How to Deploy Apollo GraphQL API on Vercel Serverless Functions

Written by Bahaa Zidan

Apollo’s documentation doesn’t mention Vercel anywhere. Every single tutorial that claims to show you how to deploy an apollo graphql server on Vercel is either outdated or incomplete. Here’s how I managed to do it:

Create a git repo and connect it to your Vercel project

The most frictionless way of deploying your serverless function on Vercel is going to be through connecting a git repo to a Vercel project. That way whenever you push a commit to your main branch, a new deployment will be triggered. I won’t go through the details of how to do that. But moving forward I’ll assume that you have a Vercel project that is connected a git repo that you cloned in your local machine.

Init node project and install dependencies

Vercel supports many versions of the NodeJS runtime. I’ll be using version 16 here. But you can still move forward if you’re using version 14+.

In the root directory of your project run:

npm init -y

Then install the required dependencies:

npm install apollo-server-micro apollo-server-core graphql micro micro-cors

I’ll be using TypeScript. So I need to install some types:

npm install -D typescript @types/micro @types/micro-cors

If you want to be able to run the project locally, you can use Vercel CLI:

npm install -D vercel

Creating the API

In the root of your project, create a new directory called api. This is significant. The directory must be named api as Vercel will look for that folder when it’s trying to deploy your functions.

Inside the new api folder create a file called graphql.ts. Both JavaScript and TypeScript are supported by default. So you won’t have to include any build steps. Vercel will do that for you.

Inside graphql.ts paste the following code:

import { ApolloServer } from "apollo-server-micro";
import { send } from "micro";
import Cors from "micro-cors";
import { typeDefs, resolvers } from "../schema";

const cors = Cors();

const apolloServer = new ApolloServer({

Before we try to run it, let’s unpack this a little bit. You’ll notice that we’re using apollo-server-micro instead of the typical apollo-server package. micro is a very tiny package created by Vercel. It is designed and oriented for single purpose modules (function) in contrast to something like express.js which is designed for classical always-running web servers. The typical apollo-server package uses express.js under the hood. So it won’t work in a serverless environment.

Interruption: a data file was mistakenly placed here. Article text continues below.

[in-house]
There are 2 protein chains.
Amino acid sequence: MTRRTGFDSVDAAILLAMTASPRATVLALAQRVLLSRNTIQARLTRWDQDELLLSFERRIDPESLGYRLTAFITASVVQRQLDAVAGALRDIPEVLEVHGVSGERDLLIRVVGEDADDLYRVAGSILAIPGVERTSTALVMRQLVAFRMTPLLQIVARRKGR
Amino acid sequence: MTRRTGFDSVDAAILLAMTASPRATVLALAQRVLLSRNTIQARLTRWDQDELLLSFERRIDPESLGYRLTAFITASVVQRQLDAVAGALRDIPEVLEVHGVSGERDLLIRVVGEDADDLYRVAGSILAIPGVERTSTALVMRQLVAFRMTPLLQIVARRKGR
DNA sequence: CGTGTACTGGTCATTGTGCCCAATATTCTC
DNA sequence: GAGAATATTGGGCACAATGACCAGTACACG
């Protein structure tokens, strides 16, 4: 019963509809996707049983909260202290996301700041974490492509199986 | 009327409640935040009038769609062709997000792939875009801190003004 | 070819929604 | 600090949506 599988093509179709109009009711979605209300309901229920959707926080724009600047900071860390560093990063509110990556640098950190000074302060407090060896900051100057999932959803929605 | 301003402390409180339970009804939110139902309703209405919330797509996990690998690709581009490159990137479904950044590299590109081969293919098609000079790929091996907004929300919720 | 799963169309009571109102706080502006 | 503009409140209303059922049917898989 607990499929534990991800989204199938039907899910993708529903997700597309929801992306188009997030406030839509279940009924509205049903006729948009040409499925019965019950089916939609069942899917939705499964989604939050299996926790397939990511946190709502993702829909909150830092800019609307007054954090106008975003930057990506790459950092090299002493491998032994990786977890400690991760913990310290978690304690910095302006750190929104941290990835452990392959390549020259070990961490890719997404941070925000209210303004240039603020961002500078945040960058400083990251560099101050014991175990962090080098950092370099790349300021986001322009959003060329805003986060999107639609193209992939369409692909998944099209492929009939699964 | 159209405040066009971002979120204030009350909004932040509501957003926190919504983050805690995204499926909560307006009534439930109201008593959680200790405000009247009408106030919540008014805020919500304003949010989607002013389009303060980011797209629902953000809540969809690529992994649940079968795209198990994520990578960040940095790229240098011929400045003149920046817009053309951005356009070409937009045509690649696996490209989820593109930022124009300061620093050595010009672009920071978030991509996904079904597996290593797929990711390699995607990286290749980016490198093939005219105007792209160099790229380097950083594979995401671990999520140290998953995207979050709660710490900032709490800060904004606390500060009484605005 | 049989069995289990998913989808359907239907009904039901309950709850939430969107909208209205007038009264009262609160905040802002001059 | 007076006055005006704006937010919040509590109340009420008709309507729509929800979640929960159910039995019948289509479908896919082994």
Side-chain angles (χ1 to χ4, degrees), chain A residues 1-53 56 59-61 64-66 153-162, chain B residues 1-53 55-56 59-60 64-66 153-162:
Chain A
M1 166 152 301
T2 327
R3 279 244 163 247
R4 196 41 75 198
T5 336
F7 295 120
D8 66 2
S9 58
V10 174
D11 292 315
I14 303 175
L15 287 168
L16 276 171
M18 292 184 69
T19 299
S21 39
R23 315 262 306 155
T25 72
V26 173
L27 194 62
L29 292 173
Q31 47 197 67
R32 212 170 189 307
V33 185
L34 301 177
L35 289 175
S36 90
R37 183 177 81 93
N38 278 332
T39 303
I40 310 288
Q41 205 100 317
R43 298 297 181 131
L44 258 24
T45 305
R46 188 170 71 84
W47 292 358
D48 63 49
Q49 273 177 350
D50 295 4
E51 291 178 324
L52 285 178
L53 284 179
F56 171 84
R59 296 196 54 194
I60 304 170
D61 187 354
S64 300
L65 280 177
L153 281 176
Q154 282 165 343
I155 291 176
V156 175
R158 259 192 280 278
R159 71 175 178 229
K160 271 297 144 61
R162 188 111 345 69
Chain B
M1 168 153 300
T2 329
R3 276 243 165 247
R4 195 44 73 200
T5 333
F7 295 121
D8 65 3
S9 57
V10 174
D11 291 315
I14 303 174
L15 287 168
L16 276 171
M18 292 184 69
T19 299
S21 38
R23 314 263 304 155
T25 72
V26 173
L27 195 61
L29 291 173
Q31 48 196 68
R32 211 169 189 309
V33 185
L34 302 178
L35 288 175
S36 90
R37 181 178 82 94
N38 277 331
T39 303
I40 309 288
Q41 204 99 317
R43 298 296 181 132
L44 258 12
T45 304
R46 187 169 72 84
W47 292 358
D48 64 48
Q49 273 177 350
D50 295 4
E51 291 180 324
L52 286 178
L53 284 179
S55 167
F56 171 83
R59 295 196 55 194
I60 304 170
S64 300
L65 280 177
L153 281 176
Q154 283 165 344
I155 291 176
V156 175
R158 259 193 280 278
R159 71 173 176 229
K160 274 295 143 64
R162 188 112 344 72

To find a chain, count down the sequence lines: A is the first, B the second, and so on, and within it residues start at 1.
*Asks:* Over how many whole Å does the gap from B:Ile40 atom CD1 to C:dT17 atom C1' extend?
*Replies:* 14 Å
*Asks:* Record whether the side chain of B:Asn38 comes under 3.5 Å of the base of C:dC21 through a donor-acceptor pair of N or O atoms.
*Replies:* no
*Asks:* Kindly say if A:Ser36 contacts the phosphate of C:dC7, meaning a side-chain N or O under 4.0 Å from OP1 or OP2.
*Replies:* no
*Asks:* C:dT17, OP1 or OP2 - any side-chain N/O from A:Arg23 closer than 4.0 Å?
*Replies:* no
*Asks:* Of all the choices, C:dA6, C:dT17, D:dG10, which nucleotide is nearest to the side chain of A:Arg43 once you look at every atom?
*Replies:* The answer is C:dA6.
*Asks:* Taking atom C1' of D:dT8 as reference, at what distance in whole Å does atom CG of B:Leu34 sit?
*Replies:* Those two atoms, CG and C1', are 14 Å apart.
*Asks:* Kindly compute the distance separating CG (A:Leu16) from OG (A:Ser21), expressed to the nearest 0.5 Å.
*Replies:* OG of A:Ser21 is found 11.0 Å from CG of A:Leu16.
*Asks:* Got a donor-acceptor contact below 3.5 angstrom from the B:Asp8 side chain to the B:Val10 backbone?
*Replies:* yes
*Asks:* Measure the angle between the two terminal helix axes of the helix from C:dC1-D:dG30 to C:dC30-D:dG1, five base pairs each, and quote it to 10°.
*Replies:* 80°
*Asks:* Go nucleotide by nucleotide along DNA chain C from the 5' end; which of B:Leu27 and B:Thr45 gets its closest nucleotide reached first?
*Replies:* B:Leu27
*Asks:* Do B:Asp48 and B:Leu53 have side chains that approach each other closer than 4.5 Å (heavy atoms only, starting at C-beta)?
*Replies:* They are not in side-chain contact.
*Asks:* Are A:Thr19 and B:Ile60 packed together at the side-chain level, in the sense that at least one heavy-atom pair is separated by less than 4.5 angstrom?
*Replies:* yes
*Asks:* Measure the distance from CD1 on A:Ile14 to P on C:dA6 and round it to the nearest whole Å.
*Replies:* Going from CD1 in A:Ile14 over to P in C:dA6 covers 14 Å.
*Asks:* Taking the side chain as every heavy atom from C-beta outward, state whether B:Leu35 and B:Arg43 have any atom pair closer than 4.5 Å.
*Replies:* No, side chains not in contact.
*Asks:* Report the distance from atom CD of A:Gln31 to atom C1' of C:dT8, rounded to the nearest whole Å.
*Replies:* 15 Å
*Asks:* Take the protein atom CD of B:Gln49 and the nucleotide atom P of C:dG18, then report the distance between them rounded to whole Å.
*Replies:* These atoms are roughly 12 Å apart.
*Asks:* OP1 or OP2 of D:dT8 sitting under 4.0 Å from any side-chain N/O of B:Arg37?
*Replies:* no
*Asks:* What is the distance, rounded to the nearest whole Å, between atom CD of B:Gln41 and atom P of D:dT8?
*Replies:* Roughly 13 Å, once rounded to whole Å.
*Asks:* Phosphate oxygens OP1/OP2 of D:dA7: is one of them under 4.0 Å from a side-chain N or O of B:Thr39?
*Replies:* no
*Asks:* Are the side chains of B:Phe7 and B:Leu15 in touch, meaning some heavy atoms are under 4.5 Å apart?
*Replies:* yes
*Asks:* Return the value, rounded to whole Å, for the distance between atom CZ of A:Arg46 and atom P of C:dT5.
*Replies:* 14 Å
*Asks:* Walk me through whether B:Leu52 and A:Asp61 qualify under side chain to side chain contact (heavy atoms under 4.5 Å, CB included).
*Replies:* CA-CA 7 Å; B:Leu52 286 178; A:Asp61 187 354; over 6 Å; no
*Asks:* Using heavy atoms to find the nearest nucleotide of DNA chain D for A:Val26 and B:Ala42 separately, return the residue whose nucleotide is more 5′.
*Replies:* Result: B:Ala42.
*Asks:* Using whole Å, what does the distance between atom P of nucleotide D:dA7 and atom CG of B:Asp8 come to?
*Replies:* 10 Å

Now onto our default export. Any file inside the api directory must have a function as a default export. That function is an async function that takes a request and response objects as parameters and it’s responsible for handling our response. As we’re going to be using ApolloServer to handle the request and response. We don’t need to worry about the particularities of this handler function.

export default apolloServer.start().then(() => {
  const handler = apolloServer.createHandler({ path: "/api/graphql" });

  return cors((req, res) => {
    return req.method === "OPTIONS" ? send(res, 200, "ok") : handler(req, res);

All we need is to create an instance of ApolloServer from apollo-server-micro, start the server, and then create a handler. Pay attention to the path option in the createHandler method. The path needs to match the actual path of your serverless function. In our case it’s /api/graphql. After creating the handler we’ll return our handler function wrapped with cors. micro doesn’t ship with a built-in cors module. So we have to use micro-cors for that. Lastly, we’re checking for the method type and returning a constant 200 ok if it’s OPTIONS to handle preflight requests otherwise, we let our apollo server handle the request like normal.

That's all folks!

That’s it

If you want to run your API locally just run:

npx vercel dev

The Vercel CLI will run it locally with HMR and everything. By default, you’ll find your API on http://localhost:3000/api/graphql

And to deploy the API all you need to do is push these changes to the main branch of your repo. That will work if you’ve already created a Vercel project and connected your git repo to it.

Thank you for reading!